Give Me Technology, But Help Me Deal With It

Alejandro Aichele

Today, more than 2 billion people use smartphones—these marvelous pieces of technology that are small enough to fit in our pockets and that make us feel naked when we don’t have them.

And then there are iPads and the wide range of other tablets, all of which have a plethora of applications that constantly feed us information and connect us with others. They’ve become extensions of ourselves.

Total connectivity and the quest for engagement and productivity

Organizations have identified the potential of connectivity and enable employees to work from anywhere, anytime. Systems, platforms, workflows, policies have all been reviewed and adapted to support this goal. Bring-your-own-device (BYOD) initiatives have been conceptualized and rolled out to allow employees to use their own personal devices.

We now have – literally, in our hands – awesome technology that we love and don’t want to give up. It enables flexibility in our work and lets us to be more productive and satisfied in our jobs. It seems like we’ve reached corporate nirvana, with productivity and engagement rising to unprecedented levels.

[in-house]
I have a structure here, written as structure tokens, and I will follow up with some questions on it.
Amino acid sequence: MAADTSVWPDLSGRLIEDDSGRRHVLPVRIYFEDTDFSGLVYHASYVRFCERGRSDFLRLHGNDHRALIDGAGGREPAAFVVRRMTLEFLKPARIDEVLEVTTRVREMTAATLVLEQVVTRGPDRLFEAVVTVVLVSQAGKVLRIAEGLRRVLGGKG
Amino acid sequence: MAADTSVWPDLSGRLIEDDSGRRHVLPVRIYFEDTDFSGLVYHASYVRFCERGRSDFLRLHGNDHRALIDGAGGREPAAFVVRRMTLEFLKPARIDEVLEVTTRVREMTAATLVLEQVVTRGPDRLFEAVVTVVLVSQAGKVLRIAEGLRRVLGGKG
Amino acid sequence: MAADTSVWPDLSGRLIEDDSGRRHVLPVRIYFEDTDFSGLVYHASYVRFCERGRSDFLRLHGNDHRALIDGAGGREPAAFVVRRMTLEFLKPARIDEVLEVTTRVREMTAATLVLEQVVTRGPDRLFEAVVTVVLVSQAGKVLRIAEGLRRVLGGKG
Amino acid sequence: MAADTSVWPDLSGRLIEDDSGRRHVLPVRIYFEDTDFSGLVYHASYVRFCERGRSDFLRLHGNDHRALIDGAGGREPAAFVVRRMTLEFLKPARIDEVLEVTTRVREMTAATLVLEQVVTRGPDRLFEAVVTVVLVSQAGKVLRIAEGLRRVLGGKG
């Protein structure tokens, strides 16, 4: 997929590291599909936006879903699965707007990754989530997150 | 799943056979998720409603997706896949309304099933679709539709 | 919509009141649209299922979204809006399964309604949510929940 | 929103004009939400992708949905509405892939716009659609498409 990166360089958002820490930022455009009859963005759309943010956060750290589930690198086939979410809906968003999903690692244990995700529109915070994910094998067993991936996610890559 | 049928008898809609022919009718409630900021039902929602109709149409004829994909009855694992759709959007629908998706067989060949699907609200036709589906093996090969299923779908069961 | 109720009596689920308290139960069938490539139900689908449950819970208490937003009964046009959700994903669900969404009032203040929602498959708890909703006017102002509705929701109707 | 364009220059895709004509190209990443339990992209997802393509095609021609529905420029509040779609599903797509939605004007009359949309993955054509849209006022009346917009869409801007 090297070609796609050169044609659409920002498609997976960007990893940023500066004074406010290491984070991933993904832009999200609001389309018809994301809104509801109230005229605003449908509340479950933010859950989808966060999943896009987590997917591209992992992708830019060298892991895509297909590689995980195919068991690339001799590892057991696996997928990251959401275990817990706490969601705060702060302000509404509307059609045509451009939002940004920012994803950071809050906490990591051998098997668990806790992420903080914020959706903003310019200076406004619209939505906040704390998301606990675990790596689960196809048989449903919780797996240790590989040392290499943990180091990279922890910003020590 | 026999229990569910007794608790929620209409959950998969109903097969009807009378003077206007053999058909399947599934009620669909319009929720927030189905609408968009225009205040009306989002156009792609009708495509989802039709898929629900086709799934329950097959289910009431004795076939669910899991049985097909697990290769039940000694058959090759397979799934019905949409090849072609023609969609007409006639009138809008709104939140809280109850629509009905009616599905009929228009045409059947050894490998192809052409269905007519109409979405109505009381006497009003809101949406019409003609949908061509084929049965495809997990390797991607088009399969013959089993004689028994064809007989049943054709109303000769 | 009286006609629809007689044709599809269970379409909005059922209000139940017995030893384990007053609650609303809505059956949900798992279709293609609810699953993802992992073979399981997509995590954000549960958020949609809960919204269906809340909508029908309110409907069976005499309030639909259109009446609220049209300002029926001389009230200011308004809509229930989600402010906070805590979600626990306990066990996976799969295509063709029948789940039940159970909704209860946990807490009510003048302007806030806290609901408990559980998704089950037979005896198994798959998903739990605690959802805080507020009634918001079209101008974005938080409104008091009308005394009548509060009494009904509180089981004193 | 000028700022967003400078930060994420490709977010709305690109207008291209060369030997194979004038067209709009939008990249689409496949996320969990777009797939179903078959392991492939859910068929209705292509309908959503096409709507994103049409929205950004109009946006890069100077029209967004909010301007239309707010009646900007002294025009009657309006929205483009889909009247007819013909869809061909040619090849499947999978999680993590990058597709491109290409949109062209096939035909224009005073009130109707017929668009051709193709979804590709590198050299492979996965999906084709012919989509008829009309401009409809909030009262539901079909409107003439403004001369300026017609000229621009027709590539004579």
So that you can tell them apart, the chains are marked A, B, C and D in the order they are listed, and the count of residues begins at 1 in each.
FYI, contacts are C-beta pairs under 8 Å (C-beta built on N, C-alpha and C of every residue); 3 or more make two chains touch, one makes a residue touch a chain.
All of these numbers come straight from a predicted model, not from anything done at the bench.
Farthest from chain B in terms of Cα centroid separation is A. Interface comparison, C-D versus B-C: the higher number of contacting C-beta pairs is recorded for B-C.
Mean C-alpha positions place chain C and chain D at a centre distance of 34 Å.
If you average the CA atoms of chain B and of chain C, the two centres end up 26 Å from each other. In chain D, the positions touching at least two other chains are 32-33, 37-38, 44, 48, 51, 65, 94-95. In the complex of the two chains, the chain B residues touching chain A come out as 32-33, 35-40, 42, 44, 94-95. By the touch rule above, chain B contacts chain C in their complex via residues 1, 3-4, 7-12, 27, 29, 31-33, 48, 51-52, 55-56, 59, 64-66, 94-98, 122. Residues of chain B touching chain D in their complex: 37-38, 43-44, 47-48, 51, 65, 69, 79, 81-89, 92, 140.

Or so we thought…

Unfulfilled expectations

The data tells a different story. In 1987, economist Robert Solow observed, You can see the computer age everywhere but in the productivity statistics.” Thirty years later (and 10 years after the iPhone was launched), the spirit of this statement persists. According to Bersin by Deloitte’s (Deloitte Consulting LLP) latest Predictions for 2017 report, productivity gains have slowed since the widespread adoption of smartphones. At the same time, Glassdoor data shows that overall employee engagement has not improved over the last decade. How can this be?

There are a few possible explanations:

  • New technologies may not completely replace older ones. As a consequence, we may see increased complexity due to the additional choices we need to make and manage. Think of people who attend a meeting with a laptop, tablet, and smartphone but end up taking notes on paper, just to (maybe) digitalize these notes afterwards.